Friday, November 19, 2010

Taking a Break

Although I am staying in the general vicinity of my home next week, I've run into an unusual situation. I have nothing in my backlog of posts and nothing on tap. I blame a rather hectic work schedule, no time off in the last couple months, and being burnt out on politics after a brutal campaign season. So I am taking a week of blogging vacation to compose myself and get my act together. See you towards the end of this month.

Wednesday, November 17, 2010

The Life and Times of John Kuck


John Kuck, my third great grandfather was born 5 Dec 1836 in Adolphsdorf in the Kingdom of Hanover, a tiny hamlet in the marshes, 14 miles northeast of Bremen, Germany. According to local historians, John came from a long line of farmers going back at least six generations that lived and farmed those marshes. John was the third oldest son of the seven sons and one daughter of Hinrich Kuck and Anna Gerken.

Perhaps it was the political instability or the series of prolonged crop failures in the region but for one reason or another, John and at least two of his brothers immigrated to America. John was the first to arrive on 15 Aug 1853 in the port of Baltimore aboard the boat Arnold Boninger. Interestingly enough, his biography in county history books said he went to school and then farmed until he arrived on the shores of America at age 16 but the ship log lists his occupation as a baker. Whatever the case, I can't imagine what it felt like leaving your family behind and moving to a new country with just the clothes on your back. When I was at age 16, I thought it was the end of the world when my parents just didn't hand over the keys to the family car and say it was mine for the using.


John, after eight weeks at sea, penniless and alone, set off first for Wheeling, Virginia where he rested up for two months and then traveled a ways down the Ohio river to Marietta, Ohio. Marietta was a boom town and the first settled town west or north of the Ohio river. At the time John Kuck arrived, it had nearly ten churches, two public libraries, a college, two private academies, two dozen stores and upwards of 3000 people. John giving up any farming or baking roots he might have, apprenticed into the harness maker's trade until he reached the age of 20.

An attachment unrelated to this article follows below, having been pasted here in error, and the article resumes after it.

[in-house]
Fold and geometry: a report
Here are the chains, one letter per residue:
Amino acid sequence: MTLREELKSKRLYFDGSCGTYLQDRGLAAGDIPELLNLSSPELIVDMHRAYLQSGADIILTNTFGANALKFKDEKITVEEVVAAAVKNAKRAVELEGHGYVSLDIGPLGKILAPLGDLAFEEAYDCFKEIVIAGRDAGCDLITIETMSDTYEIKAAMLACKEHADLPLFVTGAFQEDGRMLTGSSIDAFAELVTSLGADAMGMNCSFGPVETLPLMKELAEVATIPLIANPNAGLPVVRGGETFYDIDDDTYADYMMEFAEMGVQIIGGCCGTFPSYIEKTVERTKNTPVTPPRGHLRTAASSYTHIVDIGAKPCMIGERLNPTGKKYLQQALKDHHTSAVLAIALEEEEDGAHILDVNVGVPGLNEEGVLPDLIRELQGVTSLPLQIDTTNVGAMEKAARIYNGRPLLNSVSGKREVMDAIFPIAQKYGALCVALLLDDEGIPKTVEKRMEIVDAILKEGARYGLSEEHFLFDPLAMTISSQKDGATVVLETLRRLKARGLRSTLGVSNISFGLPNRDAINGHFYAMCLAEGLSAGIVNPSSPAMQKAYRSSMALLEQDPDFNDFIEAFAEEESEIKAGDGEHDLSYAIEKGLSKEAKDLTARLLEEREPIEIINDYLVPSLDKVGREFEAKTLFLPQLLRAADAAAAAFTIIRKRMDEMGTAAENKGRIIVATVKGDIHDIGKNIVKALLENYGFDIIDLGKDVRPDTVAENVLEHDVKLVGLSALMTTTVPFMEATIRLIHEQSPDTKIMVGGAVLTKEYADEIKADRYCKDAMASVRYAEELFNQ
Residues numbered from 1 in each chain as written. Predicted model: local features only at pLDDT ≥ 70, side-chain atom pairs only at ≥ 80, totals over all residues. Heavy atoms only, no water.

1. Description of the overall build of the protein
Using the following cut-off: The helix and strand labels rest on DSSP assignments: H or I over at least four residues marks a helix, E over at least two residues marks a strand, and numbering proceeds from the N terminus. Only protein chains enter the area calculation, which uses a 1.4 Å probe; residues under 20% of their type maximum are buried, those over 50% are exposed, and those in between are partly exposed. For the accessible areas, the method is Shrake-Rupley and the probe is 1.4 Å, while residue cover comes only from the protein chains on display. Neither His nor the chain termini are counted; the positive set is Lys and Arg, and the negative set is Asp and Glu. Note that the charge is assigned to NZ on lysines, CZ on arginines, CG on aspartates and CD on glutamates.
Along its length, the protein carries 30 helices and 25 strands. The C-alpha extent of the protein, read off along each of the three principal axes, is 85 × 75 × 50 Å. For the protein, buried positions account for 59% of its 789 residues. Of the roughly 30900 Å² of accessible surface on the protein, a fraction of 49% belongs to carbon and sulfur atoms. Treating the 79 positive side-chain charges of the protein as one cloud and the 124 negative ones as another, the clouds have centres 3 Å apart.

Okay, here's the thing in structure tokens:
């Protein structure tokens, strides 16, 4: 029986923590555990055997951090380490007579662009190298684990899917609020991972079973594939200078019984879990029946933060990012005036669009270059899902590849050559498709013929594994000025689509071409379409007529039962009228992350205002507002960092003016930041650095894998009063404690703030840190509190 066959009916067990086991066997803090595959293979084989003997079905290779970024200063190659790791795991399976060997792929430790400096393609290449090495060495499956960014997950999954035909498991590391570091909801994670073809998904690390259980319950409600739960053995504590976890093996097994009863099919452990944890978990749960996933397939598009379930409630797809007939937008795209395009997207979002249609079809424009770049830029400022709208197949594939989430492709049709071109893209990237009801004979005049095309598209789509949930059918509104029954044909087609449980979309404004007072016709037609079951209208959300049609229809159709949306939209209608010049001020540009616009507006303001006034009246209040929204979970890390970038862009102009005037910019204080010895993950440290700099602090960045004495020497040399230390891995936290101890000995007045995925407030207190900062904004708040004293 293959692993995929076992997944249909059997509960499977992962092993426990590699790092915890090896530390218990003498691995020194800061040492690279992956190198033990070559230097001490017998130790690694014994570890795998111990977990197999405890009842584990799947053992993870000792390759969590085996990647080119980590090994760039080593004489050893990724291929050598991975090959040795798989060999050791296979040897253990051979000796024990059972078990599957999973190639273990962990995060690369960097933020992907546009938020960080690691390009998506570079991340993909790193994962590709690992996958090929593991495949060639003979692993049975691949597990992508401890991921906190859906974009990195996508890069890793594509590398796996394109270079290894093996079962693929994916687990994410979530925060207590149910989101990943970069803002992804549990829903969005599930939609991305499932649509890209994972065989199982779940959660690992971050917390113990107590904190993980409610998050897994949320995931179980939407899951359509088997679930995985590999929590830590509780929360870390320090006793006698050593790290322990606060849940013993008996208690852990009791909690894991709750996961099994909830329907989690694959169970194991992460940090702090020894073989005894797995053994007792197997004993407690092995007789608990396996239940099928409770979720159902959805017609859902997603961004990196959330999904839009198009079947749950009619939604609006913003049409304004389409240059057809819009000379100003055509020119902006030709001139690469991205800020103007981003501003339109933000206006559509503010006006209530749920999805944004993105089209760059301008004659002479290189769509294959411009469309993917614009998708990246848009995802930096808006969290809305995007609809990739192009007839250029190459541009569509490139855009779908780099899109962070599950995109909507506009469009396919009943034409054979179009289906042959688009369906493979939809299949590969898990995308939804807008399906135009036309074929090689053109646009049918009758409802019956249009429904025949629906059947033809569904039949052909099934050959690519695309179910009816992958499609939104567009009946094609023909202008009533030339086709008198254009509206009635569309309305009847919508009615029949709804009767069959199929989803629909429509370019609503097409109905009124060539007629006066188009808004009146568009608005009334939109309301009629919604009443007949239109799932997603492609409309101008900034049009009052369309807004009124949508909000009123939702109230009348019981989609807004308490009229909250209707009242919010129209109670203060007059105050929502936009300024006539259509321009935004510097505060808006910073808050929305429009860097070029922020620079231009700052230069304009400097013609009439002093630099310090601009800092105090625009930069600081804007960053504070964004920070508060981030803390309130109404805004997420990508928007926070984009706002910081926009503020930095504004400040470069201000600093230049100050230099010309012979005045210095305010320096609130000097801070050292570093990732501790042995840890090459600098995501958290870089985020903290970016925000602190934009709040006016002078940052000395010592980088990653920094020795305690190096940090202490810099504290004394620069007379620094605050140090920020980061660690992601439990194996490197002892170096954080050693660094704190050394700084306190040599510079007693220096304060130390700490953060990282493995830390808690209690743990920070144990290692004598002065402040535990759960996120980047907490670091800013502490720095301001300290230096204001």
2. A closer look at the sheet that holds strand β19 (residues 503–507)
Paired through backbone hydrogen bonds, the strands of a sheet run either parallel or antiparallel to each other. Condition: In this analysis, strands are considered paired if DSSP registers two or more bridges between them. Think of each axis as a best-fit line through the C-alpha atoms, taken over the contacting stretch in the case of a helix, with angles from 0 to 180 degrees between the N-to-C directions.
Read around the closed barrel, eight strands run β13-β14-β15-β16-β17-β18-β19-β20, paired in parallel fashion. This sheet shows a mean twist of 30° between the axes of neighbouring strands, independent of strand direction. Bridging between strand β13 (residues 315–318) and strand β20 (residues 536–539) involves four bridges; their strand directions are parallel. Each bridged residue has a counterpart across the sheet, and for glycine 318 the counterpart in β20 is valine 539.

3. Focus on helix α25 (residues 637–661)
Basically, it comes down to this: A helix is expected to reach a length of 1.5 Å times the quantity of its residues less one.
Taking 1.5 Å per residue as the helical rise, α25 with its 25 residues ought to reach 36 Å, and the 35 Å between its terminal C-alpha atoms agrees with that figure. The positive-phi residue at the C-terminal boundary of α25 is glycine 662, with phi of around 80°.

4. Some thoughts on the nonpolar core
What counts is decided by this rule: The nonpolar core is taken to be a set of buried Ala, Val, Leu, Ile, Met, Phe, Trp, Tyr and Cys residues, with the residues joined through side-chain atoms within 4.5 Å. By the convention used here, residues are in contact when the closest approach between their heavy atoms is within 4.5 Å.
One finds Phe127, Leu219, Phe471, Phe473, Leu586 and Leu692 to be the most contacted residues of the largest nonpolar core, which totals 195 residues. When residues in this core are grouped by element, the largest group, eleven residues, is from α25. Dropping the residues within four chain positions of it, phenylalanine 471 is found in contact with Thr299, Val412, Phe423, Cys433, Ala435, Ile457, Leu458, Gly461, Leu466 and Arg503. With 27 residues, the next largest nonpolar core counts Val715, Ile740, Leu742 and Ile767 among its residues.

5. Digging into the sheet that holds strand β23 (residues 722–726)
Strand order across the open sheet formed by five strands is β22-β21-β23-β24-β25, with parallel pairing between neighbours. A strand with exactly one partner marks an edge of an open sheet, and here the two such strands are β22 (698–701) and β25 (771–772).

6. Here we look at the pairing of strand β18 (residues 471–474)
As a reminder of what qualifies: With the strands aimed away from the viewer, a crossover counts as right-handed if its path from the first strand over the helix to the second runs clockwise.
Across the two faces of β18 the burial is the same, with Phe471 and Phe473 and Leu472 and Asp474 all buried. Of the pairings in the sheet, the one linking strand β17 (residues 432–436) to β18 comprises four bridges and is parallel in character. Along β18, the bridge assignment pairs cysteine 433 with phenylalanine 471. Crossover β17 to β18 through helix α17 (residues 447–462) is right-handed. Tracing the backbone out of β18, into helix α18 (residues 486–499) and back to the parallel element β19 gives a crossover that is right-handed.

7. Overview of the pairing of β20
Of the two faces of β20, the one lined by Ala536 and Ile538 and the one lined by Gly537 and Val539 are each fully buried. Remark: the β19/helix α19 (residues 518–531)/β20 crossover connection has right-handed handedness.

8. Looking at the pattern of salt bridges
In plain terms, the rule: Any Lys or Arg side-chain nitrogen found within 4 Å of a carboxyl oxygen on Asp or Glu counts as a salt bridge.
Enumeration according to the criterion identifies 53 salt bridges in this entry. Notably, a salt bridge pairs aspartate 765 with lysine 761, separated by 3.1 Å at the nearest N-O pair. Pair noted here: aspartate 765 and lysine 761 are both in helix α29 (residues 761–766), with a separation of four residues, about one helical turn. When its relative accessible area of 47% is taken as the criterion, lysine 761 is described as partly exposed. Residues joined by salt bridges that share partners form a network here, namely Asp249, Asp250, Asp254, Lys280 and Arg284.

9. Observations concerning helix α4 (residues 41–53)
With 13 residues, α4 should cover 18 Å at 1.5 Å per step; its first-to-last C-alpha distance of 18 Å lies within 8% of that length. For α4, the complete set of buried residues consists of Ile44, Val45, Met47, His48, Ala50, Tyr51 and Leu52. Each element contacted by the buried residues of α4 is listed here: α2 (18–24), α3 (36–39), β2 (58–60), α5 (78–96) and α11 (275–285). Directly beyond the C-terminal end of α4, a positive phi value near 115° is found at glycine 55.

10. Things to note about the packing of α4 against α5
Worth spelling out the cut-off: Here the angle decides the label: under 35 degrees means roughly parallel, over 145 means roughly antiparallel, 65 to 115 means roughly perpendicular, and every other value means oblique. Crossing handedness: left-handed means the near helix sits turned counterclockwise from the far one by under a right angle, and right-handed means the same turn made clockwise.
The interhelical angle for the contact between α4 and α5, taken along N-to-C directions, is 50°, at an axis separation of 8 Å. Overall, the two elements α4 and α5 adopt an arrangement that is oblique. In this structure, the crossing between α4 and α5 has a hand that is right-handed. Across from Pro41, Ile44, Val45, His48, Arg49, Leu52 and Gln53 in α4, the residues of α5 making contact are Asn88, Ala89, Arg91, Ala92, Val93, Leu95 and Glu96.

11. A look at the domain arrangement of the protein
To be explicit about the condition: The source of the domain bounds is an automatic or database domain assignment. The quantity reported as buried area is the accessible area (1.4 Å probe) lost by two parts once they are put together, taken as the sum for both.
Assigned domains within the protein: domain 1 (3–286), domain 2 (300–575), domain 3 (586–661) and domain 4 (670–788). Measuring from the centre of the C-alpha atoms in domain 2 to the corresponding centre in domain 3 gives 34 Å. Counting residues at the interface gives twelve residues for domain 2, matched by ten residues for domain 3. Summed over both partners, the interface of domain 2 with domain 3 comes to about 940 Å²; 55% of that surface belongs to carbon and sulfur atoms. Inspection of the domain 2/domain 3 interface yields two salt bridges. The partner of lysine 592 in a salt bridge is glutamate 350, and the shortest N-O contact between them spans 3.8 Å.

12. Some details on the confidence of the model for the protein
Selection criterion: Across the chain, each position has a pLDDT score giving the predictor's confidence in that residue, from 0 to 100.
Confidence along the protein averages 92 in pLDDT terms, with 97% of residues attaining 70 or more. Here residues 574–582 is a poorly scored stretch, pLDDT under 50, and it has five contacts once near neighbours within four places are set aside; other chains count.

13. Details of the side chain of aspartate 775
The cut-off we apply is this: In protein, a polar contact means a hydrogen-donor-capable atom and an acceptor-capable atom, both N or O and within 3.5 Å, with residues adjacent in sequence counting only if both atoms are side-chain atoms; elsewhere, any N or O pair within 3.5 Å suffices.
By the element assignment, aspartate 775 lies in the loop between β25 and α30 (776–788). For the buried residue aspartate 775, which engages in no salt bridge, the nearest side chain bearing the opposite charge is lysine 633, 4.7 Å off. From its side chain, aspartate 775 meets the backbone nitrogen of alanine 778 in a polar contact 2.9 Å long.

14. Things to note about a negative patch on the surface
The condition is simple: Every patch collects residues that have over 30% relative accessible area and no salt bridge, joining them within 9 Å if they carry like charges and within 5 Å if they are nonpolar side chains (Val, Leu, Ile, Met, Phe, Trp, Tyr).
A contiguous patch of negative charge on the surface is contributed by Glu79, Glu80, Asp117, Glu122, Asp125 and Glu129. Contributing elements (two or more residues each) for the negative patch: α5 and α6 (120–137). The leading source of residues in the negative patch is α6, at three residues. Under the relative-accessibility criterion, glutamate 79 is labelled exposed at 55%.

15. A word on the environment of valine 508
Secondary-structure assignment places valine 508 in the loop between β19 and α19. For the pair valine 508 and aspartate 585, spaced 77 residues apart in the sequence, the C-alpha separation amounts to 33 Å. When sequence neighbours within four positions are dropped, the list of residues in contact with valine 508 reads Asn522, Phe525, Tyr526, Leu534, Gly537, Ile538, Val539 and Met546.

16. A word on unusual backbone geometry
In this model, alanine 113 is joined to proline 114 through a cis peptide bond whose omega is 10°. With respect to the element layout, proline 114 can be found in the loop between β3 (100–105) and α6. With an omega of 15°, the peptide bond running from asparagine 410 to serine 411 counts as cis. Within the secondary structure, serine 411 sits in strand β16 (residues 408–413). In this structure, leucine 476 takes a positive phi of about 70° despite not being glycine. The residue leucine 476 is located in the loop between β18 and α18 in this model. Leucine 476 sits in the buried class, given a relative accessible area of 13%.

I guess John either didn't have the capital or wasn't sure what he wanted to do with his life because when he left Marrietta at age twenty, his next stop was as a partner in a general merchandise store in Le Sueur, Minnesota. Perhaps he saved up money or found his calling but a year later in 1858, John settled in Galena, Illinois which had a large German population on the Mississippi river and worked as a harness maker supporting the huge local lead mine industry. 


While in Galena, John met my third great grandmother Mary Meyer, a Swiss immigrant and on June 1, 1860 they were married. Perhaps John needed to escape his in-laws or his nomadic nature got the better of him but a few months later, John and Mary packed up and headed up the Mississippi river to Lansing, Iowa where he set up his own harness shop.  His first two kids Anna born March 3, 1861 and Henry Lincoln born December 1, 1862 (named after his grandfather and newly elected President Abraham Lincoln) would join the family in Lansing before he again got on his traveling shoes and in 1864, traveled to Charles City, Iowa and again set up his harness shop.

There John finally put away his traveling shoes and found peace and soon after Lydia on March 11, 1866, George on December 14, 1868, Emma on October 29, 1869, Edward sometime in 1870 and John Jr.on January 3, 1873 were born into his family. However, the peace was not to last. A diphtheria epidemic that had been ranging across the plains for a couple years struck Charles City in 1878 and soon, the Kuck household was down with it. Seventeen year old Anna would succumb to it on the 11th of October followed by Emma on the 21rst of December, Edward on the 28th of December, Lydia on the 1rst of January, John Jr. on the 3rd of January and finally mother Mary on the 30th of May. A young vibrant immigrant family of nine people had been reduced to just three. Forty-two year old John and 17 year old son Henry and 10 year old son George were on their own. I'm not sure how any of them survived the ordeal.